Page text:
Homosexuals march for equal rights (1977)

Original publication: Findlay Courier (Findlay, Ohio) Date: June 27, 1977
Categories: 1970s, Culture & lifestyle, Events, Newspapers
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Homosexuals march for equal rights (1977)

Homosexuals march for equal rights

Thousands of homosexuals and their supporters took to the streets in more than a half dozen cities across the country over the weekend, marching to publicize their demands for equal rights for gays.

The numbers of the marchers ranged from several thousand to the 80 who marched in Providence, R.I., on Saturday afternoon. About 30 showed up for a rally titled the 3rd Annual Heart of America Gay Pride Festival in Kansas City.

There were also marches and demonstrations in New York, Seattle, Chicago, Atlanta, Los Angeles and San Francisco. And in Dade County, Fla., where voters heeded a campaign by singer Anita Bryant and repealed a homosexual anti-discrimination ordinance, two marches took place.

In San Francisco, interest in the parade was spurred by the slaying of a city gardener outside his home by four young men who shouted “faggot, faggot” as they stabbed him 15 times, organizers said.

“The brutal slaying of Robert Hillsborough dramatically illustrates how desperate the need is for us to challenge the hate-mongering of those who exploit people’s differences for personal gain,” said spokeswoman Kitty Cone.

gay rights photoSusan Hummer, program director for the Gay Community Services Center in Los Angeles, said the turnout in support of homosexual rights was in direct reaction to Miss Bryant’s campaign.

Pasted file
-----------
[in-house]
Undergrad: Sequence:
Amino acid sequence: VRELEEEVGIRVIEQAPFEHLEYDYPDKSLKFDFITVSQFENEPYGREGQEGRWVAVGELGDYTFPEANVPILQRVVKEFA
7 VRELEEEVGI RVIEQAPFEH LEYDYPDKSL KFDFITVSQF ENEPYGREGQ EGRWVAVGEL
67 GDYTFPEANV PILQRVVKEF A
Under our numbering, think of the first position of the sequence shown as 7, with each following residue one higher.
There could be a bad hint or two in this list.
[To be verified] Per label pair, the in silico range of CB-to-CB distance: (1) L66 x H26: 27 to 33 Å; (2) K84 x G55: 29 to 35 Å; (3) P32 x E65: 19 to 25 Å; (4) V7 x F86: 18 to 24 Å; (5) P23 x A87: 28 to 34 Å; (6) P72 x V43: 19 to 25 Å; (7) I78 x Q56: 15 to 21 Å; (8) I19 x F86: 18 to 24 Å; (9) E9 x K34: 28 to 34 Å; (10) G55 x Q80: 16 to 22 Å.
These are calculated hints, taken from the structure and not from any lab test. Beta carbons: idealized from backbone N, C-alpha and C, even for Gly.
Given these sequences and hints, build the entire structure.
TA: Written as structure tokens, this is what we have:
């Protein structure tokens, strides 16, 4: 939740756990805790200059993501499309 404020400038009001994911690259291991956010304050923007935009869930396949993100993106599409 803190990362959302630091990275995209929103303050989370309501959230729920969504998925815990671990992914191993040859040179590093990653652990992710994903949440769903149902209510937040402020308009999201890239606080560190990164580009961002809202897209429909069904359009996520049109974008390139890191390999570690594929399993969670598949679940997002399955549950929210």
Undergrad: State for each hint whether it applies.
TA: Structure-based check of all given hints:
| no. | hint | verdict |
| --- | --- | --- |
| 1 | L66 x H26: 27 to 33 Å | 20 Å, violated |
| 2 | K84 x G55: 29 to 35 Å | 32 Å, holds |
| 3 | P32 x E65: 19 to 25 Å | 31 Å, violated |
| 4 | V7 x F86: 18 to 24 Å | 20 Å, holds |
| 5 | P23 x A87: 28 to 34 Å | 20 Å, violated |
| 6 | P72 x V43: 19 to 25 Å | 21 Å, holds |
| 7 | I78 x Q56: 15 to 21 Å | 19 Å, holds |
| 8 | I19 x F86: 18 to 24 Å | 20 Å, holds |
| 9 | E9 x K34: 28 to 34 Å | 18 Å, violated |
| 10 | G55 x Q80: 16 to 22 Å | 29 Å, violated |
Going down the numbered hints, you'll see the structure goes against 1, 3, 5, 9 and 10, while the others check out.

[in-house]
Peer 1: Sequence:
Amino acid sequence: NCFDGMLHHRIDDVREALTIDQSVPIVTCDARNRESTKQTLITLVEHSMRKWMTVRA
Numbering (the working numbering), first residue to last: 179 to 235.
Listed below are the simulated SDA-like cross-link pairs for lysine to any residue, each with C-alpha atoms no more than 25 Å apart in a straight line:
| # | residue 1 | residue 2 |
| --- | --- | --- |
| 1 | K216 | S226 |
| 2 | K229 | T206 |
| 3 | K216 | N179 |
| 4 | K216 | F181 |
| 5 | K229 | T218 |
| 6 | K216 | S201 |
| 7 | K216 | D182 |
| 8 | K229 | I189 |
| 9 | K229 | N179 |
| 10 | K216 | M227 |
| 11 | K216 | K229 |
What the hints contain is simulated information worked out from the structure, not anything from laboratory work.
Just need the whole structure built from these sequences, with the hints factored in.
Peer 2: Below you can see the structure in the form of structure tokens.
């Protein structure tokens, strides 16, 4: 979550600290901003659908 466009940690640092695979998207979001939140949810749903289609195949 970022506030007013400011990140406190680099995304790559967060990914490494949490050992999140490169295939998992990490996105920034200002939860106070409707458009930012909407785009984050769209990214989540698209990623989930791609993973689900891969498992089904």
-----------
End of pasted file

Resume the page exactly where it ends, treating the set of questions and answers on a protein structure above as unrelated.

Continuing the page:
“There are people who have not marched before who say they will march today as a statement to the city and the country that we won’t stop existing,” she said before the demonstration began Sunday in Hollywood.

Local organizers of the marches said they were not coordinated nationally by any specific group, but the demonstrations generally had the theme of “Gay Pride Day.” Paul Hardman, chairman of the Pride Foundation in San Francisco, said the parades commemorated a battle between police and homosexuals at a gay gathering place in Greenwich Village in New York in 1969.

“Gay and Proud,” “Say No to Anita” and “We are the People Our Parents Warned Us About,” read some of the signs carried by 2,000 marchers in a parade kicking off Seattle’s Gay Pride Week.

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Mayor Wes Uhlman proclaimed the week-long celebration in honor of the contributions of the city’s homosexual citizens. Parade organizers said they were surprised and pleased with the turnout on a sunny Saturday afternoon.

“This parade is as meaningful and valid for us as a St Patrick’s Day parade is for the Irish,” C.F. Brydon, president of a gay rights group, said prior to the march. On Friday, an aide to Uhlman said public reaction was “mixed” to the mayor’s proclaiming June 25-July 1 Gay Pride Week.

“The tone of many of the calls has been that the mayor is condoning immorality,” aide Michael Eagan said. “Most of the complaints appear to be on religious grounds.”

Eagan said some of the calls and letters supported the mayor’s statement. In New York, police estimated that from 10,000 to 45,000 supporters of homosexual rights marched up Fifth Avenue — a crowd that stretched for 28 blocks — Sunday afternoon to a rally in Central Park. It was the eighth annual march staged by a coalition of gay rights groups.

“The turnout is greater than expected. Anita Bryant has helped us,” said Bishop Robert Clement of the Church of the Beloved Disciple. The church in New York is a Catholic-oriented church for homosexuals.


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Source publication: Findlay Courier (Findlay, Ohio)

Publication date: June 27, 1977


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